The latest edition of The New Stack @ Scale Podcast, sponsored by New Relic, takes a dramatically new approach. The show kicks off with a special segment from The New Stack contributor Scott Fulton III that incorporates interviews with Avi Cavale of Shippable, Apcera founder and CEO Derek Collison, and Martin Croker, DevOps Capability Lead at Accenture, into a deep look at the interaction of platforms, containers, and continuous integration / continuous deployment (CICD). One key, Scott discovers, is to make sure everyone in the organization is on board, which means making sure IT, developers, and business leaders “see eye to eye to eye” (time code 1:41).

kelsey hightower

Kelsey Hightower

It’s a fascinating investigation, and it’s a great springboard for the meat of the podcast, where host Alex Williams and I are joined by Google Staff Developer Advocate Kelsey Hightower.

The conversation covers a wide variety of important topics, but I was particularly interested in these collaboration issues, and the idea that you need to define and document APIs even for internal applications in order to scale. As Kelsey put it, “When you build … an application meant for internal delivery, there’s often not a lot of documentation, there aren’t many APIs that are meant to be consumed by other people in the organization, like a third party would. You end up with a bunch of intimate knowledge contained within very small groups of people.”

It makes more sense, Kelsey added, “to treat those applications as if they were going to be consumed by a third party…. They need documentation, they need APIs, they should be able to be consumed without talking to the team that built them” (14:29).

There’s nothing wrong with intergroup collaboration, Kelsey added, but he wondered whether embedding people across teams is truly scalable. You can reduce issues and mistakes due to human interactions with cross-functional teams including documentation people, QA people, and systems people working to make sure that the APIs can be properly utilized.

But that’s only the beginning. Kelsey also touched on the evolution of SLAs into API management (25:08) and the connection between scale and complexity and the ability to abstract that complexity with the right platform that fits your needs (27:56). I also appreciated Kelsey’s insight into the meaning of performance: “The biggest problem I see is when someone says, ‘I think it’s slow.’ When someone starts the conversation with, ‘I think it’s slow, I think the database is slow, I think the email service is too slow’… that just goes in weird directions.” DevOps, he added, has the potential to help organizations decide what SLA is reasonable (22:59).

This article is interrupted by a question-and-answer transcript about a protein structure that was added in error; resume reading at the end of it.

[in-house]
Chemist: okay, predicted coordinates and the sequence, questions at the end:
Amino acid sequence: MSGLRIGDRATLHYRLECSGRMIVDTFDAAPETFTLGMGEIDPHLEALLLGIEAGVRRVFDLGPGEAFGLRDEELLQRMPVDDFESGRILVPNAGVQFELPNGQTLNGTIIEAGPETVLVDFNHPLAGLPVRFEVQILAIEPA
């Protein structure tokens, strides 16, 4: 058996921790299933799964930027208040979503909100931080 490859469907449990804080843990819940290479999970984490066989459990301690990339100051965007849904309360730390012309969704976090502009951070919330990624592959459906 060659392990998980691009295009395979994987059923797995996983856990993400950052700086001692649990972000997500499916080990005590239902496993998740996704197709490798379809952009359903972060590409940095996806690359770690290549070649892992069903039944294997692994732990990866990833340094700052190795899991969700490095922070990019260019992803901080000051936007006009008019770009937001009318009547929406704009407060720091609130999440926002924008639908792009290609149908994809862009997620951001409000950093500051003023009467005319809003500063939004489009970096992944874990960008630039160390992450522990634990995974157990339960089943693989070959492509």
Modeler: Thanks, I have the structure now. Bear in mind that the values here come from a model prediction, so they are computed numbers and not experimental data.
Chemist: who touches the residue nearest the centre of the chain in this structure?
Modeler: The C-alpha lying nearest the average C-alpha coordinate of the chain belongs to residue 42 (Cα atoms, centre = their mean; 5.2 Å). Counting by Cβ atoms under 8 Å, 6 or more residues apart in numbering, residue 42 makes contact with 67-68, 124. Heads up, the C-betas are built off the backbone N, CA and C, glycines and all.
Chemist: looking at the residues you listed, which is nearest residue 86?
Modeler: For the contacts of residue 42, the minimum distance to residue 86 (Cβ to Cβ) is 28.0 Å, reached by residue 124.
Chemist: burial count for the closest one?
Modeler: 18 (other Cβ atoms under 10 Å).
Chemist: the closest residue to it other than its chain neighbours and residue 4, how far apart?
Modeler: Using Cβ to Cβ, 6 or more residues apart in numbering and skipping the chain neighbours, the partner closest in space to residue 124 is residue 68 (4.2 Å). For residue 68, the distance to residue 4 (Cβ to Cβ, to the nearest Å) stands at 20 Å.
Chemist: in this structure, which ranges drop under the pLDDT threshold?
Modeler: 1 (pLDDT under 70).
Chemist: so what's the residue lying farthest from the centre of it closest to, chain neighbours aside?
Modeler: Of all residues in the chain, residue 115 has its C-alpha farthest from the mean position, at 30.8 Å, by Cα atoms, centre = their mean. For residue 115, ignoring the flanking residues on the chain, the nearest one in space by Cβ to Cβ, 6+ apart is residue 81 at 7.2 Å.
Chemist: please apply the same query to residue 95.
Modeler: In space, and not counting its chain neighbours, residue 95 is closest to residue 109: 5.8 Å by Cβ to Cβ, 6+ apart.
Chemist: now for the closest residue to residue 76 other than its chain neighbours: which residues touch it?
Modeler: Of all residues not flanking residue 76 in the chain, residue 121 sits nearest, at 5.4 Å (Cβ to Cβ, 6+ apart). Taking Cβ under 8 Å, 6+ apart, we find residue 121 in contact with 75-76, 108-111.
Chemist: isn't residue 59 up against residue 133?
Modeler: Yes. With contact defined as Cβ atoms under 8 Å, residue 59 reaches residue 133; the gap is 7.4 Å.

Finally, Kelsey addressed the role of containers in thinking about platform management: “The simple act of putting something in a container means very little without talking about the target platform they’re going to run on” (30:48).

All this and much more in the latest episode of The New Stack @ Scale Podcast: APIs Alone Do Not Tear Down the Silo.

New Relic is a sponsor of the New Stack @ Scale Podcast. However, the content and views expressed are those of the participants of the New Stack @ Scale Podcast, which is the property of The New Stack. Any views expressed on the New Stack @ Scale Podcast do not necessarily reflect the views of New Relic. By embedding the audio for the New Stack @ Scale Podcast or linking to The New Stack, New Relic does not adopt, guarantee, approve or endorse the information, views or products available on The New Stack site.

 

Read Luke Lefler’s post, The New Stack @ Scale Podcast: APIs Alone Do Not Tear Down the Silo, to learn more about what Kelsey had to say in the podcast.

fredric@newrelic.com'

Fredric Paul (aka The Freditor) is Editor in Chief for New Relic. He's an award-winning writer, editor, and content strategist who has held senior editorial positions at ReadWrite, AllBusiness.com, InformationWeek, CNET, Electronic Entertainment, PC World, and PC|Computing. His writing has appeared in MIT Technology Review, Omni, Conde Nast Traveler, and Newsweek, among other places. View posts by .

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